“The only way to resist”
Lumumba believes he has a responsibility to “support and encourage the thousands of young Congolese who, like [him], uphold the country’s values.… The regime may be oppressive, but they can blow the whistle, wherever they may be, in their own area. In a country like ours, blowing the whistle is the only way to resist, and move toward democracy and the rule of law.”
The PPLAAF is now working on a new Congolese case file with several people who have contacted it. Zoubir (not his real name), 45, recently fled to the UK from Djibouti, where he had a management position with a big company in the private sector. By chance, he had access to confidential documents linked to the planned construction of a deep-water port at Banana, in Kongo Central (formerly Bas-Congo) province, the DRC’s only access to the Atlantic.
The port will have an annual capacity of 332 000 containers and more than 1.4-million tons of goods, and will create nearly 2 000 jobs, as well as indirect employment. The project is valued at $1-billion and, according to PPLAAF sources published in March, the DRC and DP (Dubai Port) World, the third-largest port operator globally, will establish a joint venture to run the new facility.
Despite the importance of the port to the DRC economy, no public entity will be represented in this joint venture. According to the whistle-blowers, it will be 60% owned by DP World and 40% by a Congolese private company the PPLAAF refers to as “Privé DRC.”
The stakes are high: According to DP World’s estimates, Privé DRC is likely to earn around $45.3-million from the construction and running of the port over seven years. The whistle-blowers believe Privé DRC is, in fact, Kabila or members of his inner circle.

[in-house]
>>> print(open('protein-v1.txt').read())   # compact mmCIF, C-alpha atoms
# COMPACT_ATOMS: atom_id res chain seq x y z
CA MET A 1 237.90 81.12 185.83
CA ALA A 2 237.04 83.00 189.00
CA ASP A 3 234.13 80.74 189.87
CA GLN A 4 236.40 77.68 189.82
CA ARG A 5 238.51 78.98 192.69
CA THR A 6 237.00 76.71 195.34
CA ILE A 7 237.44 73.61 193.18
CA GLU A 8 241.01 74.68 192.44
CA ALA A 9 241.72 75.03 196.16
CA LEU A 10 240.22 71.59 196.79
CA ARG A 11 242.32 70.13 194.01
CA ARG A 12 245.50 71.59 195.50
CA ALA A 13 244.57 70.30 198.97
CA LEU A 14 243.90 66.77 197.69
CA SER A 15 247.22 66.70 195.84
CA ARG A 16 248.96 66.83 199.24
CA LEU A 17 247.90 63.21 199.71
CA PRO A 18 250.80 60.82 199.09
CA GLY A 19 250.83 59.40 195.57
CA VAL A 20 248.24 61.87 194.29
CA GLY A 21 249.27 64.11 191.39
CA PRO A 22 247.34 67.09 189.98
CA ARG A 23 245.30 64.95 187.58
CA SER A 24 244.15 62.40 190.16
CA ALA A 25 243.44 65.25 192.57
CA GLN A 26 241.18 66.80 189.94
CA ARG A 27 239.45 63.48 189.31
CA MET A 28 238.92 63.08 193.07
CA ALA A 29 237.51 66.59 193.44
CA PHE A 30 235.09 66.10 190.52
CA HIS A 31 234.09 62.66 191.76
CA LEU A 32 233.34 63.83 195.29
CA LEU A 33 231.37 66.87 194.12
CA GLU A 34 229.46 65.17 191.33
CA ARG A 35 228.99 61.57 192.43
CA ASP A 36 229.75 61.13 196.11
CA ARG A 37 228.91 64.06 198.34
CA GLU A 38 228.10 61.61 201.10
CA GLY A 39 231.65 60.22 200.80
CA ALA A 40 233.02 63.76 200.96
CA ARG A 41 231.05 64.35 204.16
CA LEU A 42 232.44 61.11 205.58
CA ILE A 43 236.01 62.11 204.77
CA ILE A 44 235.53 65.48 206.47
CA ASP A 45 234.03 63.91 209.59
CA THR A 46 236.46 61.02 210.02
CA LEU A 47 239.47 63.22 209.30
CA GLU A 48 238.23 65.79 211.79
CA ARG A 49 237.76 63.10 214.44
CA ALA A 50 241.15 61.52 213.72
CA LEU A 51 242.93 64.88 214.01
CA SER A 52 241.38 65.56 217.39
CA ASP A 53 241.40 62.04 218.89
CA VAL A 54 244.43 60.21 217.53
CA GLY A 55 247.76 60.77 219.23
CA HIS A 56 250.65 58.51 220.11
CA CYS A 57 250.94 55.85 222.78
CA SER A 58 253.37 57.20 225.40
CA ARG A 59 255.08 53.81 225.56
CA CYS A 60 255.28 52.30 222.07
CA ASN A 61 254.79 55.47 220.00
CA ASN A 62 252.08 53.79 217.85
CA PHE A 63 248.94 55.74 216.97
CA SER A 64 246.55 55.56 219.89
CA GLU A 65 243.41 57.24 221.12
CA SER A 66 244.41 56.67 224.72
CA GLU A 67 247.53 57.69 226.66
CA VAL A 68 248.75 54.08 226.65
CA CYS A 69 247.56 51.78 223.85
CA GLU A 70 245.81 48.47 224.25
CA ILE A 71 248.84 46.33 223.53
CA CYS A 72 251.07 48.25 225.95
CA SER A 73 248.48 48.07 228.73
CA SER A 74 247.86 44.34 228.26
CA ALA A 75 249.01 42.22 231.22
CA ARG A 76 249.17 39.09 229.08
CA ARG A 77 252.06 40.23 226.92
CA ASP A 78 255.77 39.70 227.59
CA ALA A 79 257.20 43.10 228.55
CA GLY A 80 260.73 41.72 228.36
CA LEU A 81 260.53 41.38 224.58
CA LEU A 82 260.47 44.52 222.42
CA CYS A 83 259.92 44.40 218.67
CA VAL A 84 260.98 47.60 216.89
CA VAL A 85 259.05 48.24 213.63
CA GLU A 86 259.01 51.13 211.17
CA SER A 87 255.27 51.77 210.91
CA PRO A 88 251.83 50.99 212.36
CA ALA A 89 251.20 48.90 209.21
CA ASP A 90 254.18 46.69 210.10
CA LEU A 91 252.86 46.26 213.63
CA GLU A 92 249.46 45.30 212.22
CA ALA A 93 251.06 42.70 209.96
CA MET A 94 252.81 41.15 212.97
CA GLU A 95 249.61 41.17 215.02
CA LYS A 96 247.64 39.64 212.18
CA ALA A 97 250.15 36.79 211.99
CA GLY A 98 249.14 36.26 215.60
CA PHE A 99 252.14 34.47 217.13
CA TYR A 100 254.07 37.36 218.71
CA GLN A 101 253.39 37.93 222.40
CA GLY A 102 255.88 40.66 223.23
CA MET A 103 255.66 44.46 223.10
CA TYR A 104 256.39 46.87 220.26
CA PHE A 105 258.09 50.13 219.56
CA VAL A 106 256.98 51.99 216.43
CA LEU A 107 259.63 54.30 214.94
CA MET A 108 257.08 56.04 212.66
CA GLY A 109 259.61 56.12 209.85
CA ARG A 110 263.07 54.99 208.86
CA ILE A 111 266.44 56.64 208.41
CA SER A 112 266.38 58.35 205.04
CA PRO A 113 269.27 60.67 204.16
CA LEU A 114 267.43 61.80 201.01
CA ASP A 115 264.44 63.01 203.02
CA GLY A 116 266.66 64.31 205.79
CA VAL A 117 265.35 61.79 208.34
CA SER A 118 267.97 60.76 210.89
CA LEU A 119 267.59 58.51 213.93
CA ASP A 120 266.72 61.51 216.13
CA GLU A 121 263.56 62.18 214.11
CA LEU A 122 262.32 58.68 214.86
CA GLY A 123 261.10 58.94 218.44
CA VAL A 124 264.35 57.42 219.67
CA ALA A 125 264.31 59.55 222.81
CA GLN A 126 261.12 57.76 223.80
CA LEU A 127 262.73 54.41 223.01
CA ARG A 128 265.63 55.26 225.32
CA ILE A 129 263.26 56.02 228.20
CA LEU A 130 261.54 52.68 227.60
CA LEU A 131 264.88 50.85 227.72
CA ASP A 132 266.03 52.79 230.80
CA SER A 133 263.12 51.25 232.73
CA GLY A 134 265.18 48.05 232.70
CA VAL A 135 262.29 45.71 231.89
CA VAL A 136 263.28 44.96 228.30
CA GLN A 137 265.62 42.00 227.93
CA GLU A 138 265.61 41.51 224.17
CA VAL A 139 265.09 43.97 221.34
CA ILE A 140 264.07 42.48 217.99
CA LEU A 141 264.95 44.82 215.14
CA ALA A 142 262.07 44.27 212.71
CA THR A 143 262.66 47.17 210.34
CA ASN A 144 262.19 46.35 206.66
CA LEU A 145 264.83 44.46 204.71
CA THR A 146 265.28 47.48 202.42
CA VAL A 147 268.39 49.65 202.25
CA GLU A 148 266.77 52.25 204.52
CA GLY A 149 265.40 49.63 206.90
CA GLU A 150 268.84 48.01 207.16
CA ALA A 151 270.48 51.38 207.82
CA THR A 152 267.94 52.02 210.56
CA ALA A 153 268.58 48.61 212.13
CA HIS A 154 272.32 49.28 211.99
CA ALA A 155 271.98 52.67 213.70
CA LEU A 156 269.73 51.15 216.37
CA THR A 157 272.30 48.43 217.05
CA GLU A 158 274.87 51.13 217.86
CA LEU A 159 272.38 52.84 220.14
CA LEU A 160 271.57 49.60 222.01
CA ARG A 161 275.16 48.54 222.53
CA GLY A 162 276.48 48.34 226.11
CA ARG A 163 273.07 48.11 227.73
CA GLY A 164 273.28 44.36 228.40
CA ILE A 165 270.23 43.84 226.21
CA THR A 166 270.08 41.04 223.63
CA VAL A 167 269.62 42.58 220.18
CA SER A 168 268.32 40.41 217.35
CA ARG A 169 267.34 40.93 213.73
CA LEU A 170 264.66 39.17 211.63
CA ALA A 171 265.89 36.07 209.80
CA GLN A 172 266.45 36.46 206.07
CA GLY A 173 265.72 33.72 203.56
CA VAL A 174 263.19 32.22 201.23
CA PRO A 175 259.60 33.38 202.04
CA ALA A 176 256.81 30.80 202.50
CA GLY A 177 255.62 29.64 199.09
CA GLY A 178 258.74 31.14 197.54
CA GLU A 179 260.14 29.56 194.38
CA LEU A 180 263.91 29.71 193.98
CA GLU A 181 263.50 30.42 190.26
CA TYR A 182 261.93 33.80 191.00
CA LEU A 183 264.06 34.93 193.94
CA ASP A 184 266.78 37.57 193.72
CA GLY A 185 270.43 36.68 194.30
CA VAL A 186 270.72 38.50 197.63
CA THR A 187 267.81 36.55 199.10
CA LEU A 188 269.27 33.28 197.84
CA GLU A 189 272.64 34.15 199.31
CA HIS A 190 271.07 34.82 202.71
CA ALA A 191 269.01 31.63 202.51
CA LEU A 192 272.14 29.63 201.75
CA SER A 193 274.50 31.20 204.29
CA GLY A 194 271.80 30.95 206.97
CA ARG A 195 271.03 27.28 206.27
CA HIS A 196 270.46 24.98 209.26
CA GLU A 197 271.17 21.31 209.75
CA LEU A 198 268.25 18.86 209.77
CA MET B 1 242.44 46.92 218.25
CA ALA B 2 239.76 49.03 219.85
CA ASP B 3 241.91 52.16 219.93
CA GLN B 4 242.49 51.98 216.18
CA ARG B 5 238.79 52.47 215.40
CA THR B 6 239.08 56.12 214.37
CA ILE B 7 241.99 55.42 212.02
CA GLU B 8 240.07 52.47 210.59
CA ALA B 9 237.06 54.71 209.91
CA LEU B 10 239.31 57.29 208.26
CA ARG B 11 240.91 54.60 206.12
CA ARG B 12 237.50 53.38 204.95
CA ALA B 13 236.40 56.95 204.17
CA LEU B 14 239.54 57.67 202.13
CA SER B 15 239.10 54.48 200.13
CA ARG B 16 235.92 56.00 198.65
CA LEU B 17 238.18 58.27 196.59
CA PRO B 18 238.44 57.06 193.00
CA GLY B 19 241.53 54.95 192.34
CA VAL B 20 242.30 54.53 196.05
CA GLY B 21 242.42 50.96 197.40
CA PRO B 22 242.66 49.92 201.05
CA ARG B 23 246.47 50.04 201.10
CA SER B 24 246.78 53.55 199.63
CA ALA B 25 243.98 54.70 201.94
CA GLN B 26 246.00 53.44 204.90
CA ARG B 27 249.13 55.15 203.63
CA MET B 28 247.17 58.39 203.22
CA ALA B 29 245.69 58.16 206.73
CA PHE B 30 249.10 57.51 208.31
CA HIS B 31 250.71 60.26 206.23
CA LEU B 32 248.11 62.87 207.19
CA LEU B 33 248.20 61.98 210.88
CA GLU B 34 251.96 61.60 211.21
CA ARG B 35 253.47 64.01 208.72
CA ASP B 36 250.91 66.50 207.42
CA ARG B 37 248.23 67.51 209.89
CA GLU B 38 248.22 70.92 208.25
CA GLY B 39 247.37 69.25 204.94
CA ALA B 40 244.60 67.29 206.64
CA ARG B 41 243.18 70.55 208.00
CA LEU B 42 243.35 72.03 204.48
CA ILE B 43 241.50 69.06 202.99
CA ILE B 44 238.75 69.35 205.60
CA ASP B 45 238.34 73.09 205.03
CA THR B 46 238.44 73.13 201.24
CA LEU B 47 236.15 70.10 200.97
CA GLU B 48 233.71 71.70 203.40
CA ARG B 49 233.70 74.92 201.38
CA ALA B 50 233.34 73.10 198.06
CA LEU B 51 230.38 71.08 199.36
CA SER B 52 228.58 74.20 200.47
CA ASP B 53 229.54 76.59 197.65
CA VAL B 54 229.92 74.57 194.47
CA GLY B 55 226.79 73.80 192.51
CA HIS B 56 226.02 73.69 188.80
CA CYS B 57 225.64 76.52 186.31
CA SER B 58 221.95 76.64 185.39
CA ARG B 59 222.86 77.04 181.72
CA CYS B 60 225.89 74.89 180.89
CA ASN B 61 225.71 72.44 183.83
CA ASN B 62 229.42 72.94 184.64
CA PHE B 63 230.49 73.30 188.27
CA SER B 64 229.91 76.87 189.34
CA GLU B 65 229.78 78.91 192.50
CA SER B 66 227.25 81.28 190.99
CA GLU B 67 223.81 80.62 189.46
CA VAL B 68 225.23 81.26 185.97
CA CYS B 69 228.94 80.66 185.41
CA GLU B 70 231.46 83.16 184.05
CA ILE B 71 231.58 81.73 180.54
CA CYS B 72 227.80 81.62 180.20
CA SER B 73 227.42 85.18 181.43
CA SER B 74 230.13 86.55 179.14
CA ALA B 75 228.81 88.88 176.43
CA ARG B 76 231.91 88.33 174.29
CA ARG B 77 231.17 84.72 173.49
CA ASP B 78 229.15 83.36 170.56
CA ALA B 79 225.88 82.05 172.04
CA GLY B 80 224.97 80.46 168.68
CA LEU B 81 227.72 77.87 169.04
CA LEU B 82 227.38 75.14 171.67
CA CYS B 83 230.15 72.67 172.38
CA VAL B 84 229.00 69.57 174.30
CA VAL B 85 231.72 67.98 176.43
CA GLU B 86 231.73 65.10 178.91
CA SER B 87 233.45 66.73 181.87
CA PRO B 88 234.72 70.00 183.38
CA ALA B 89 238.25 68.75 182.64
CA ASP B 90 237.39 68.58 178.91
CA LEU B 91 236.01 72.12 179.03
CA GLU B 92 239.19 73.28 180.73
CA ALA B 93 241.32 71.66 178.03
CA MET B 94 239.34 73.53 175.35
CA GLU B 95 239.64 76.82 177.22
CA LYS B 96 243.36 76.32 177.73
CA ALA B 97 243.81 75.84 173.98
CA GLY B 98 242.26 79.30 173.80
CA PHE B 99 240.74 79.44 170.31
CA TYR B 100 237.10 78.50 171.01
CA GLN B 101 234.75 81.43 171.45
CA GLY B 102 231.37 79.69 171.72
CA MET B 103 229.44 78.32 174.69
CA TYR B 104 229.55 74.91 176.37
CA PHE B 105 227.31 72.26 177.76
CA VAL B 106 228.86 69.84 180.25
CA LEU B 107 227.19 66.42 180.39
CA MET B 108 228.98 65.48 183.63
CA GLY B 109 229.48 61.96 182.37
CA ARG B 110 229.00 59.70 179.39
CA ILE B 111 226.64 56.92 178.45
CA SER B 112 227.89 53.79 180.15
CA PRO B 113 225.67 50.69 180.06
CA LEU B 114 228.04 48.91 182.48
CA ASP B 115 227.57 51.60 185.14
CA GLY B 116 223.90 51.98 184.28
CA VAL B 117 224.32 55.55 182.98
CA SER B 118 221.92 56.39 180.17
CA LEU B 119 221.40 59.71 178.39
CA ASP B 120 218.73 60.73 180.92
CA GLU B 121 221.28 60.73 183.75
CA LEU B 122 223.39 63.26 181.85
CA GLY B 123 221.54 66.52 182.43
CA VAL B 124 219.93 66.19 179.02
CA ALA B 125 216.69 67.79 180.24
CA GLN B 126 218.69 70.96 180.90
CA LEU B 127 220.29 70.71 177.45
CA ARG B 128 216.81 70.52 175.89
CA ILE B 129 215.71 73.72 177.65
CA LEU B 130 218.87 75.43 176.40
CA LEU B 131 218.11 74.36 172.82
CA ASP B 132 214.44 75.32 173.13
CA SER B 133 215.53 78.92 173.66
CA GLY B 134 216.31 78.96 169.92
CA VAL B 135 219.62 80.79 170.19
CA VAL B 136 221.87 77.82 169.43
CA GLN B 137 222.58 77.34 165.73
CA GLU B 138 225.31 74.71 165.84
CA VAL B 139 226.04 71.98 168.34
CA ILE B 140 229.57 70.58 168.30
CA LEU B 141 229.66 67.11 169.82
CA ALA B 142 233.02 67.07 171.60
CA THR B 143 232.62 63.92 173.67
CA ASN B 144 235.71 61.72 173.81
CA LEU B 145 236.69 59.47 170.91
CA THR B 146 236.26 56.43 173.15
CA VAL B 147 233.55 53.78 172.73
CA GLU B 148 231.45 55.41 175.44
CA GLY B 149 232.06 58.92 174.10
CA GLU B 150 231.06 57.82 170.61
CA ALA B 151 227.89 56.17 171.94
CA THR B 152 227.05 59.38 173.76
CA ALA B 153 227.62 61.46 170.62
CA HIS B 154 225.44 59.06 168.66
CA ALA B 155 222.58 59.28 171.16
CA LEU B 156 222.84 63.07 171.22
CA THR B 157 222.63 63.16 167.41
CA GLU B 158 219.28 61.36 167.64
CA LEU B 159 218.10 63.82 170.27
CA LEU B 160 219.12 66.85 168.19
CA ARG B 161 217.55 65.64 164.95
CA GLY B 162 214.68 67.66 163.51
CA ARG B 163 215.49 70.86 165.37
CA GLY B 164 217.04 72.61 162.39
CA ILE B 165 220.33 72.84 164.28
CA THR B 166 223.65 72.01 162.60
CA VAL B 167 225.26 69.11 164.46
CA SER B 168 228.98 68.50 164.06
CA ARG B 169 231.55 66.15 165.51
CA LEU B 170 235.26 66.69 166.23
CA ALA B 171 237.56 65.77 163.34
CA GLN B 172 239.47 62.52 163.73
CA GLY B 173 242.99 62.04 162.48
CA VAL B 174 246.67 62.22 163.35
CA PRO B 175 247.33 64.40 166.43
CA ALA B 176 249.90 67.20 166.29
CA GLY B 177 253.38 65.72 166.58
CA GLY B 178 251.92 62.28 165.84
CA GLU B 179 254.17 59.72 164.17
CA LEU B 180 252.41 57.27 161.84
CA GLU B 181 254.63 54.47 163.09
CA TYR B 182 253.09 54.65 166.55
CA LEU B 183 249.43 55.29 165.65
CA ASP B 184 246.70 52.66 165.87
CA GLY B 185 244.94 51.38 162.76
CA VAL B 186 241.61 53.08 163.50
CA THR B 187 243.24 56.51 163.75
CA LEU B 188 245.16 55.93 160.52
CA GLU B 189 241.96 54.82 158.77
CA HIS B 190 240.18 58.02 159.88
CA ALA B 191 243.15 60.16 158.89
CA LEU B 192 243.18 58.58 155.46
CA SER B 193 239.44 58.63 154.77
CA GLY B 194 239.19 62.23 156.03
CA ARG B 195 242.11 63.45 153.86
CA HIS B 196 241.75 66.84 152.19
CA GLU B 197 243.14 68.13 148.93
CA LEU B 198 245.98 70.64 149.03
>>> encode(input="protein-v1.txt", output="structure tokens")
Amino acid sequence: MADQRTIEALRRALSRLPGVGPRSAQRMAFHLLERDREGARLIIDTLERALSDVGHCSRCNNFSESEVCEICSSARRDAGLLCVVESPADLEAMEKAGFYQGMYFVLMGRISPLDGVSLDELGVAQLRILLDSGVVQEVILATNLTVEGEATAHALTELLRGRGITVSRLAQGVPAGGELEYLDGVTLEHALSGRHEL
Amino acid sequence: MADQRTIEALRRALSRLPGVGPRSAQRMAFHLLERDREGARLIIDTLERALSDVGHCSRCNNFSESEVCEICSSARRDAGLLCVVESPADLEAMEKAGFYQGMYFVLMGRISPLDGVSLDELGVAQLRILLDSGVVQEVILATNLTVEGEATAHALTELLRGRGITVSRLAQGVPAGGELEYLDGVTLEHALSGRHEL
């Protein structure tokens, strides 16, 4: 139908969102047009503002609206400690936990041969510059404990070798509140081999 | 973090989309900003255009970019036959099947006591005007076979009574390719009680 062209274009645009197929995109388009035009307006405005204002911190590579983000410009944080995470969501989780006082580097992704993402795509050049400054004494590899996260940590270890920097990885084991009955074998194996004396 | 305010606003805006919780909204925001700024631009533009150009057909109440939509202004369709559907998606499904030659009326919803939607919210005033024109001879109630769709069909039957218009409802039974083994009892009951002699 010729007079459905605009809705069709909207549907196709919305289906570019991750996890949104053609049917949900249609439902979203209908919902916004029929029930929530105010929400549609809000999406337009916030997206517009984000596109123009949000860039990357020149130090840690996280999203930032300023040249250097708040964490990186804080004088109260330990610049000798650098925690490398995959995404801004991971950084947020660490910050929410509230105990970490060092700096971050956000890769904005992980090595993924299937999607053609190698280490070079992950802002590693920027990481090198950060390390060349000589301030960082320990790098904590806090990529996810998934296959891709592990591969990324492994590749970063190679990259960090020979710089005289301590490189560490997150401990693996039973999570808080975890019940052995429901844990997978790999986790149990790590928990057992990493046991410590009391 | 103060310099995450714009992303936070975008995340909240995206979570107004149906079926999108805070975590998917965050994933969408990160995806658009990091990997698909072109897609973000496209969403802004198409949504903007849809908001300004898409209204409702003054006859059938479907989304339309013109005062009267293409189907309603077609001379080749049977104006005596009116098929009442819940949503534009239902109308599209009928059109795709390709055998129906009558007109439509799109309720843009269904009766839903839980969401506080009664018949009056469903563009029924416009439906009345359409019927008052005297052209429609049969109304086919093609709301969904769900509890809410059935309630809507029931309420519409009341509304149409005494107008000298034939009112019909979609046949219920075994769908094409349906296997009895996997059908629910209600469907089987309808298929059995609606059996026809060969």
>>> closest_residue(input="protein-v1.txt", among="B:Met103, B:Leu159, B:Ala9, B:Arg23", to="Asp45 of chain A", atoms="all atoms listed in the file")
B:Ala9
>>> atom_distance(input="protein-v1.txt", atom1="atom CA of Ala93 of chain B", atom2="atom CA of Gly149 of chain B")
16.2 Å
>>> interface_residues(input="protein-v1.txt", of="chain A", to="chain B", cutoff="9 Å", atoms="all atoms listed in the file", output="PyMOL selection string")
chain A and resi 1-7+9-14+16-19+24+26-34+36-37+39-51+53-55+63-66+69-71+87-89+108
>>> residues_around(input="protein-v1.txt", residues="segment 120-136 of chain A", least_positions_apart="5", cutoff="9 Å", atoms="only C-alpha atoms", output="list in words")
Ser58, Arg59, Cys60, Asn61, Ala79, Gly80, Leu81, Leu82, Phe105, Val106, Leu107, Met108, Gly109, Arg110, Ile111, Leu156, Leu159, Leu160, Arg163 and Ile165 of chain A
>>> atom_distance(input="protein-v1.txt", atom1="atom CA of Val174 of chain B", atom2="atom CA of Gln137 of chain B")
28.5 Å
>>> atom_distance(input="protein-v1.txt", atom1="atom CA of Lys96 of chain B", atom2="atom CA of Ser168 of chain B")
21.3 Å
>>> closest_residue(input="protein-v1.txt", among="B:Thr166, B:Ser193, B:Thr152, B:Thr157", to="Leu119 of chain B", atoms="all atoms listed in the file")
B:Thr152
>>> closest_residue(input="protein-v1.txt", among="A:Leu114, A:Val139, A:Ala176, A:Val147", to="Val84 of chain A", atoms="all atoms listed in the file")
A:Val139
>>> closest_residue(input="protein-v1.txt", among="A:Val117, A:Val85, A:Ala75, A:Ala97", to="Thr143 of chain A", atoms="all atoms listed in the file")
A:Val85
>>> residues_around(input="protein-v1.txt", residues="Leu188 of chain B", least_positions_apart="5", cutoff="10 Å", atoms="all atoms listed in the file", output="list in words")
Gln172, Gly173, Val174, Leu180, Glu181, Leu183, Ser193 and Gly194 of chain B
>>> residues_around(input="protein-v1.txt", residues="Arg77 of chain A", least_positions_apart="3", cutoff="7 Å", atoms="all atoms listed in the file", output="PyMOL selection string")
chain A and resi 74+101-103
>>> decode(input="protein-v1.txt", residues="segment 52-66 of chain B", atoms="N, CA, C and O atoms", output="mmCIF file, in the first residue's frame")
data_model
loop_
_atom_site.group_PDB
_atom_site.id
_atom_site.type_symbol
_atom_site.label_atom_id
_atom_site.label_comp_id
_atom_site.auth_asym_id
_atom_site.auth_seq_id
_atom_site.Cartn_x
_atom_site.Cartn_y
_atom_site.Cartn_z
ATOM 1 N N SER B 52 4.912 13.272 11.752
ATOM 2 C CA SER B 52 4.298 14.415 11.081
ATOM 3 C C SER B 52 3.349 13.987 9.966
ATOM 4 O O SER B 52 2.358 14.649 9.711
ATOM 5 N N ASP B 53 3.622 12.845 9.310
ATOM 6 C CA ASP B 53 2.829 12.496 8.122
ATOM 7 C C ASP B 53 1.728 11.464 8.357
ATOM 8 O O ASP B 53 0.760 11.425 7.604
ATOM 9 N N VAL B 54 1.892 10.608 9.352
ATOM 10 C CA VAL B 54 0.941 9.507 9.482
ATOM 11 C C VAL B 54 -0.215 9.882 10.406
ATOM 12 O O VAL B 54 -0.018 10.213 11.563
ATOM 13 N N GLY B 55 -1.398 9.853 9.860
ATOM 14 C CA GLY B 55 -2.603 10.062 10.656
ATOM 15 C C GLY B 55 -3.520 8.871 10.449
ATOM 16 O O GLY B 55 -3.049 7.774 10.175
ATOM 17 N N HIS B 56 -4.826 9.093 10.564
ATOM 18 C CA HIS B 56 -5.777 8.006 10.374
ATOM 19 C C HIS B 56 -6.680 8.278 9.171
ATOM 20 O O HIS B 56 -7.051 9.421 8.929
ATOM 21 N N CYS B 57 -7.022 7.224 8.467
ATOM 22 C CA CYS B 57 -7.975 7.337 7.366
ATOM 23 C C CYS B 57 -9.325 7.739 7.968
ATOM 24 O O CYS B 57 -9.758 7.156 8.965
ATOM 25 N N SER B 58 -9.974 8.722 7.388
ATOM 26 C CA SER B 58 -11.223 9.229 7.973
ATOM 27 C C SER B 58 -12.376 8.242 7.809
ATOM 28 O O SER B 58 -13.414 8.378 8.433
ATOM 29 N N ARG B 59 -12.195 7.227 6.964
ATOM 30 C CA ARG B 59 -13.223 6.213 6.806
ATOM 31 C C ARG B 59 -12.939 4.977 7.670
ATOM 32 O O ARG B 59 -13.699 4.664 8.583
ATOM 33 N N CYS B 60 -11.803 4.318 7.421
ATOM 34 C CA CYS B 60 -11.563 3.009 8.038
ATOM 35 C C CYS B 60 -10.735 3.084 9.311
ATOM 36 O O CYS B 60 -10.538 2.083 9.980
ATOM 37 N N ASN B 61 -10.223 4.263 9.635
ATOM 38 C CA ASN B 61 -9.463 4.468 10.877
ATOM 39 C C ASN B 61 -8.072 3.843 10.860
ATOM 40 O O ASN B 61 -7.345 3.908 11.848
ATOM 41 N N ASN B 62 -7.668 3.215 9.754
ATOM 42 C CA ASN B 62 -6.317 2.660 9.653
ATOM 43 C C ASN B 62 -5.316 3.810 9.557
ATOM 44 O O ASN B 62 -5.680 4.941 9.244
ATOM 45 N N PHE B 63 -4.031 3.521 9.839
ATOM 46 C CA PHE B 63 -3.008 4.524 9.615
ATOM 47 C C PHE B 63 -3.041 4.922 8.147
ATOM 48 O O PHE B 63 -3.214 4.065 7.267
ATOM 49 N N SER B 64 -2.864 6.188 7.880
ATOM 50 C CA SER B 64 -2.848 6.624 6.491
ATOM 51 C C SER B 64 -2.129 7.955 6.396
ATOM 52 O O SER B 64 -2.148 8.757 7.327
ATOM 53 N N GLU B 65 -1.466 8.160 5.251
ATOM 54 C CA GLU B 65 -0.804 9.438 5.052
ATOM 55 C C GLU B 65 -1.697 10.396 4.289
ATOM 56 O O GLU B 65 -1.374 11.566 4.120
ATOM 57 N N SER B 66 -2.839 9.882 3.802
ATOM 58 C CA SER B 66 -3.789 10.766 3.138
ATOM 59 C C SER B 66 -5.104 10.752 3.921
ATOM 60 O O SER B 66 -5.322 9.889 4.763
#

The revelations are confirmed by correspondence, of which PPLAAF has copies, between Kabila and the chairman of DP World, Sultan Ahmed Bin Sulayem, which suggests the clause relating to the private entity is a guarantee that DP World must provide for the DRC government to agree to the deal. The minutes of a meeting of the DRC’s council of ministers on 24 February show that the agreement was then about to be signed. Henri Thulliez, a member of the PPLAAF board, said: ‘Because signature was imminent, we decided to go public on this new scandal, which reveals the president’s methods and the lust for money of some companies.’
Zoubir takes full responsibility for his decision, but he lives in fear. In 2015 journalist Steve Abongi, 30, was murdered in the DRC while investigating General Gabriel Amisi Kumba, alias Tango Four, a close associate of Kabila.